Owners of another 76,000 homes were at least 90 days past due on mortgages or in foreclosure at that time, Crellin said.
For those in the business of selling homes, Thursday's settlement was welcomed, though it's not expected to jump-start activity.
Affordability through lower prices will bring people back into the market more rapidly than the lawsuit, said Ken Anderson, a director for the Northwest Multiple Listing Services and owner of Coldwell Banker Evergreen Olympic Realty in Olympia.
"The market just needs to heal itself," he said. "I think what the settlement will do is it will compensate some people who were wronged. And it will help banks put this behind them and get back to doing what we're used to them doing in normal years."
The states have agreed not to pursue civil charges over the abuses covered by the settlement. Homeowners can still sue lenders on their own, and federal and state authorities can still pursue criminal charges.
The settlement also ends a separate investigation into Bank of America and Countrywide for inflating appraisals of loans from 2003 through most of 2009. Bank of America acquired Countrywide in 2008.
The deal, reached after 16 months of contentious negotiations, is subject to approval by a federal judge.
Critics note that the settlement will apply only to privately held mortgages and not to those owned by mortgage giants Fannie Mae and Freddie Mac. Banks own about half of all U.S. mortgages, or roughly 30 million loans. Fannie and Freddie own the other half.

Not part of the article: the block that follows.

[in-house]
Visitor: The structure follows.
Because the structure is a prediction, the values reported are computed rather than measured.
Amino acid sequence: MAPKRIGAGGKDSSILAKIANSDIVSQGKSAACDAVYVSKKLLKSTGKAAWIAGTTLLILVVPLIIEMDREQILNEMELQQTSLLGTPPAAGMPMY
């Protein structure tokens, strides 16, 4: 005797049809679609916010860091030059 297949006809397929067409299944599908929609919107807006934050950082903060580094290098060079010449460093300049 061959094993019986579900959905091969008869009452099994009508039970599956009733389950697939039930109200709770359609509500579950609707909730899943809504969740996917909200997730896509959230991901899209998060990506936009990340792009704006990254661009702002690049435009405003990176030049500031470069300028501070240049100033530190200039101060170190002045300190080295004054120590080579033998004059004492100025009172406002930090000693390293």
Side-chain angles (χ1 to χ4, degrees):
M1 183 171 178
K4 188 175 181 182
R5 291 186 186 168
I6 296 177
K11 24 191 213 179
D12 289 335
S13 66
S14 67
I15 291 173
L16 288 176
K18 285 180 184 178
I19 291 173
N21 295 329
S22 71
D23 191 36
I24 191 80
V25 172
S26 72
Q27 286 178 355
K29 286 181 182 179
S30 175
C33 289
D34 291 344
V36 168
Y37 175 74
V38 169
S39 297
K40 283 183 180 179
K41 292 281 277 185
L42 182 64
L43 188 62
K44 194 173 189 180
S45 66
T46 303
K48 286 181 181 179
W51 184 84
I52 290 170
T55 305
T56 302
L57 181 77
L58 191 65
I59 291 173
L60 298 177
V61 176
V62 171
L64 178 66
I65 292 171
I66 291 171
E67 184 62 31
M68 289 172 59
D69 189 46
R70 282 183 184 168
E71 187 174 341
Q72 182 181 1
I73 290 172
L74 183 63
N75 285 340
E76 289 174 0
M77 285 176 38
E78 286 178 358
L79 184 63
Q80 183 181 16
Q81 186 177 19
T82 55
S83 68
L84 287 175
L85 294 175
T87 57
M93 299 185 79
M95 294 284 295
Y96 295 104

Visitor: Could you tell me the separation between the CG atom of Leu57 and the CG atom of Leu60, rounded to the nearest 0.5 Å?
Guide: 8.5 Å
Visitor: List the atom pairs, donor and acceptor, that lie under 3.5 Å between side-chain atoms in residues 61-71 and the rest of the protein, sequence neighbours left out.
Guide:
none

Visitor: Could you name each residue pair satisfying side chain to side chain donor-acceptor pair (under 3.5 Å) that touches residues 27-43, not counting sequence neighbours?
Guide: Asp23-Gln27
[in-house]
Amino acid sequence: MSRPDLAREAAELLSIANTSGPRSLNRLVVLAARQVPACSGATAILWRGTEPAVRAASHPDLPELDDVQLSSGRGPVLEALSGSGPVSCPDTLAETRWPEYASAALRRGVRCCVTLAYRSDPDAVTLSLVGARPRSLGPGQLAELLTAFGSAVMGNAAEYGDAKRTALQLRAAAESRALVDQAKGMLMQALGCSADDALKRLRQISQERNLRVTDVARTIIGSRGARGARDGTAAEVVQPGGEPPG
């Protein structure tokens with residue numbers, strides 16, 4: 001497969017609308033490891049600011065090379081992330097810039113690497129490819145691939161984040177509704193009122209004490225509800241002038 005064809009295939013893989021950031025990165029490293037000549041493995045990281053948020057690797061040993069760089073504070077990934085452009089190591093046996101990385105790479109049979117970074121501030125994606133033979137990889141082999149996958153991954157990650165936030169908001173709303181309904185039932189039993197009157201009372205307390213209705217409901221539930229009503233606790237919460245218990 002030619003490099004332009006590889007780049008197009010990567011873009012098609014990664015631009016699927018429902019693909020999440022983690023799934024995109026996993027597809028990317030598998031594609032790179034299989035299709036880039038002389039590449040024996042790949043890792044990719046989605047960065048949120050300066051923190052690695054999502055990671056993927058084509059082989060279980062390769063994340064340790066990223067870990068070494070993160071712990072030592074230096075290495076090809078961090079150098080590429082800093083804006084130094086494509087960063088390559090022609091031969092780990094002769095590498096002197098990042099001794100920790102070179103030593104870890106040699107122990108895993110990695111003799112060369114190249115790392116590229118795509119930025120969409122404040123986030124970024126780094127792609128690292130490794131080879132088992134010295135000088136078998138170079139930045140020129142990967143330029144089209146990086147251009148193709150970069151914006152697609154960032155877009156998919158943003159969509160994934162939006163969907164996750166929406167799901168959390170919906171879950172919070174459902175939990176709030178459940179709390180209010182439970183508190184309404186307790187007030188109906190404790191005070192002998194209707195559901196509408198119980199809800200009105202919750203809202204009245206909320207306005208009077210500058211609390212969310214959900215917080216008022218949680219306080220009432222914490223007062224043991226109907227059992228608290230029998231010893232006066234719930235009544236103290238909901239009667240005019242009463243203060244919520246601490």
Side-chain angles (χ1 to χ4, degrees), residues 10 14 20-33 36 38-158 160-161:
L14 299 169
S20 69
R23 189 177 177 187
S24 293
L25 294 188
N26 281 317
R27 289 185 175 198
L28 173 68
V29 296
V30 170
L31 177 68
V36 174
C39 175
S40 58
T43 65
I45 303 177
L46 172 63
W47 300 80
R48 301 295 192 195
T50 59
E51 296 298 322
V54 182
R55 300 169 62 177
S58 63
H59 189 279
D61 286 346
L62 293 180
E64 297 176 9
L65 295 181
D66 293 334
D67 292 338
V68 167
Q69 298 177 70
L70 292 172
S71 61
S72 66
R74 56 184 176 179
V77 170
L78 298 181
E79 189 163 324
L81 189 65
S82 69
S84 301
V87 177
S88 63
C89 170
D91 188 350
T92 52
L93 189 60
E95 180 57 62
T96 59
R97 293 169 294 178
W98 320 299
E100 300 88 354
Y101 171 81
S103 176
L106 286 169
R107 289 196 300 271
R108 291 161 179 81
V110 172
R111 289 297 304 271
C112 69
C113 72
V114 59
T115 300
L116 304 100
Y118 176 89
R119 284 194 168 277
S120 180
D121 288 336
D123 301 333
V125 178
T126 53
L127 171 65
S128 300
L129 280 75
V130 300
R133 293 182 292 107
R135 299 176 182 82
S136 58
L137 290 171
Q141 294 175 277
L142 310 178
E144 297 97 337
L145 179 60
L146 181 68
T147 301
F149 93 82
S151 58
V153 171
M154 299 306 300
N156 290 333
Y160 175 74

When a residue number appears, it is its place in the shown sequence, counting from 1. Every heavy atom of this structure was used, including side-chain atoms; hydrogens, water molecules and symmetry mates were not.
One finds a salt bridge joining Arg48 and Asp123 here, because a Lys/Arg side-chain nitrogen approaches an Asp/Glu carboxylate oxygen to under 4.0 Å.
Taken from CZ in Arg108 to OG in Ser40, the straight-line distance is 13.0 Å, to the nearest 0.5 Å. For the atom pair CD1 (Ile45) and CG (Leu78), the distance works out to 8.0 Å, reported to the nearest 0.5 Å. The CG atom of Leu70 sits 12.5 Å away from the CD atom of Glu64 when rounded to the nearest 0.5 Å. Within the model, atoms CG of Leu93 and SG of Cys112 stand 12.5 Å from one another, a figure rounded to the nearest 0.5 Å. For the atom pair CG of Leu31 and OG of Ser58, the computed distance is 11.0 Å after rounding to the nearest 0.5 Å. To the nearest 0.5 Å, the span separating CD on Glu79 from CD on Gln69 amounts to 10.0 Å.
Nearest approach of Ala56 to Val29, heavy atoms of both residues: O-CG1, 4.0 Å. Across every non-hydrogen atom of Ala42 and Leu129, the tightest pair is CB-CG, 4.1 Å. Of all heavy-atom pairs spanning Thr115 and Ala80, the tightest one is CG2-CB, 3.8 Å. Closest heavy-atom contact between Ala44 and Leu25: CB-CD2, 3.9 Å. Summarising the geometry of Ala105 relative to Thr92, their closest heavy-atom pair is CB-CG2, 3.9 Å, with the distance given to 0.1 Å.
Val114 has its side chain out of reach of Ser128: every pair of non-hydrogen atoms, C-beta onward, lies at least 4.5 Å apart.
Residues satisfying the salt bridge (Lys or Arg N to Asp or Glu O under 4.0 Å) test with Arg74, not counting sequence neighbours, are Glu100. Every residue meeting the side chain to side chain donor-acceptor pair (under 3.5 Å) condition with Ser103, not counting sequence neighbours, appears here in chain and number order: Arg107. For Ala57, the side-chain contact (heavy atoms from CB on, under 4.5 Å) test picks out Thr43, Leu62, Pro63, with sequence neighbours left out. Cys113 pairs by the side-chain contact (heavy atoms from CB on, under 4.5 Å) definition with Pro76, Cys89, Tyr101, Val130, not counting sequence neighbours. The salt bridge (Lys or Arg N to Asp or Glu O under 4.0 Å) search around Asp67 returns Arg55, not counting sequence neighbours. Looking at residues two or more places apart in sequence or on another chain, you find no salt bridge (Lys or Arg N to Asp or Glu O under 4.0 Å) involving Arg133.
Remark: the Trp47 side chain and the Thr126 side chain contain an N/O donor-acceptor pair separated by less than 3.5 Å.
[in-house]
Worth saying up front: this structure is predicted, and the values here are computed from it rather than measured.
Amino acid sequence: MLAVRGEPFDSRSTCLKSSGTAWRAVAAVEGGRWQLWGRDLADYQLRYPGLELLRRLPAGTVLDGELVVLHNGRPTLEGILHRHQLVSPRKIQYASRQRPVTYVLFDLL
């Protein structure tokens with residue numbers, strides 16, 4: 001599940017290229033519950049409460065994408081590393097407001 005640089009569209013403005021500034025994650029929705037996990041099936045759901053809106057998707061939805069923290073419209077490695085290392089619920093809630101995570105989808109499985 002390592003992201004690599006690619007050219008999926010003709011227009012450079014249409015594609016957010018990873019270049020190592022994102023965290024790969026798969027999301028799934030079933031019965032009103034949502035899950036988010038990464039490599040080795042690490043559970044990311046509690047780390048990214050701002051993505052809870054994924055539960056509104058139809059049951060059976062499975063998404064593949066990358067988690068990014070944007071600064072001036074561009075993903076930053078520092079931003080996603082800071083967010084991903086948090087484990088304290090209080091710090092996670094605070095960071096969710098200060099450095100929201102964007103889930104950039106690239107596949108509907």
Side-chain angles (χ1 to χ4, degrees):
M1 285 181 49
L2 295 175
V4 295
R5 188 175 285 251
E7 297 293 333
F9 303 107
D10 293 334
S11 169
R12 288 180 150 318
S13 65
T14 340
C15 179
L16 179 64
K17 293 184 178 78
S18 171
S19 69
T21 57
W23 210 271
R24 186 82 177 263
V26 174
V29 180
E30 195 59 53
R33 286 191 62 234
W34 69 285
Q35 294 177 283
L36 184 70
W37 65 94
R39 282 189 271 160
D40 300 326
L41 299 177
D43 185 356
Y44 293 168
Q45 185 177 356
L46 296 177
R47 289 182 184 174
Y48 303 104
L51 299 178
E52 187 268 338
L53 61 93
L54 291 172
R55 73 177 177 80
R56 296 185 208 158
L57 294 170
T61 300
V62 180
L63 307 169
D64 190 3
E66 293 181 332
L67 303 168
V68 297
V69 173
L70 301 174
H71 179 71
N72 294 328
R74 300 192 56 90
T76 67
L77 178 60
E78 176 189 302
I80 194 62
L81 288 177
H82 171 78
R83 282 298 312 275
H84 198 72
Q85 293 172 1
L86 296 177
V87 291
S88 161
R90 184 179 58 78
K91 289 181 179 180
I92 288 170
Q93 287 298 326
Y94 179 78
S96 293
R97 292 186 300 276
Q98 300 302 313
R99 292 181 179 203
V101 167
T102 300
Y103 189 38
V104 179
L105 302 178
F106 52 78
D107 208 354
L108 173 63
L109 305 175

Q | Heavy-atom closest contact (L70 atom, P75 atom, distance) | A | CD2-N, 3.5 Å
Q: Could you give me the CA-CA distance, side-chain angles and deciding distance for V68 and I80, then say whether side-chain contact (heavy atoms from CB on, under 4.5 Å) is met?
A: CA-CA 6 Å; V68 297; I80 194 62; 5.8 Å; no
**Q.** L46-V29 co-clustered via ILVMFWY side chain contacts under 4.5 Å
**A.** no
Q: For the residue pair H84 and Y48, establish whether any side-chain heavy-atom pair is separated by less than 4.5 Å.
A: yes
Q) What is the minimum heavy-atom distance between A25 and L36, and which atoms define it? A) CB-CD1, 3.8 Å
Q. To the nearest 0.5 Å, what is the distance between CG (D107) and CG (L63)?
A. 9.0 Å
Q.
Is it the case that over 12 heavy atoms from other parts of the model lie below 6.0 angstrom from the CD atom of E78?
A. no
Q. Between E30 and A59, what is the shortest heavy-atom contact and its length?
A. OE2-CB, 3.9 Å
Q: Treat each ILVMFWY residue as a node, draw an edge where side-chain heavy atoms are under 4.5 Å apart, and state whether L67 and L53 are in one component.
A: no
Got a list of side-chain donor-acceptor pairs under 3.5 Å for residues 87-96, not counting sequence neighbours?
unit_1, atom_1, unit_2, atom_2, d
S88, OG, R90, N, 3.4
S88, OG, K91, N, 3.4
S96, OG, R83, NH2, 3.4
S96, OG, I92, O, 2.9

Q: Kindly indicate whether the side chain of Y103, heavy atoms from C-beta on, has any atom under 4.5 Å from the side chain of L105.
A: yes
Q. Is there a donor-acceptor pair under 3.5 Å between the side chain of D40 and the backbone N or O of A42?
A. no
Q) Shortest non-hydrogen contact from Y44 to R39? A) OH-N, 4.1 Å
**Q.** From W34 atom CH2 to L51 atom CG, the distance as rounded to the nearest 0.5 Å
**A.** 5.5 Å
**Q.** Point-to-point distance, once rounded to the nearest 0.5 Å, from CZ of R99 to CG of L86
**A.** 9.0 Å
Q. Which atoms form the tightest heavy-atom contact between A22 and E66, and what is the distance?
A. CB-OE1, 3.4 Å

Jerry Cornfield: 360-352-8623; firstname.lastname@example.org.
The Associated Press contributed to this report.
Where to learn more
Consumers are advised to check online or call a settlement hotline to see if they will benefit from the mortgage settlement. "Don't give up. Look into whether or not you're eligible. We may have more news about other banks in the future as well," Washington Attorney General Rob McKenna said.
•Washington State Office of the Attorney General: www.atg.wa.gov
National Mortgage Settlement: www.nationalmortgagesettlement.com
Bank of America: 877-488-7814
Wells Fargo: 800-288-3212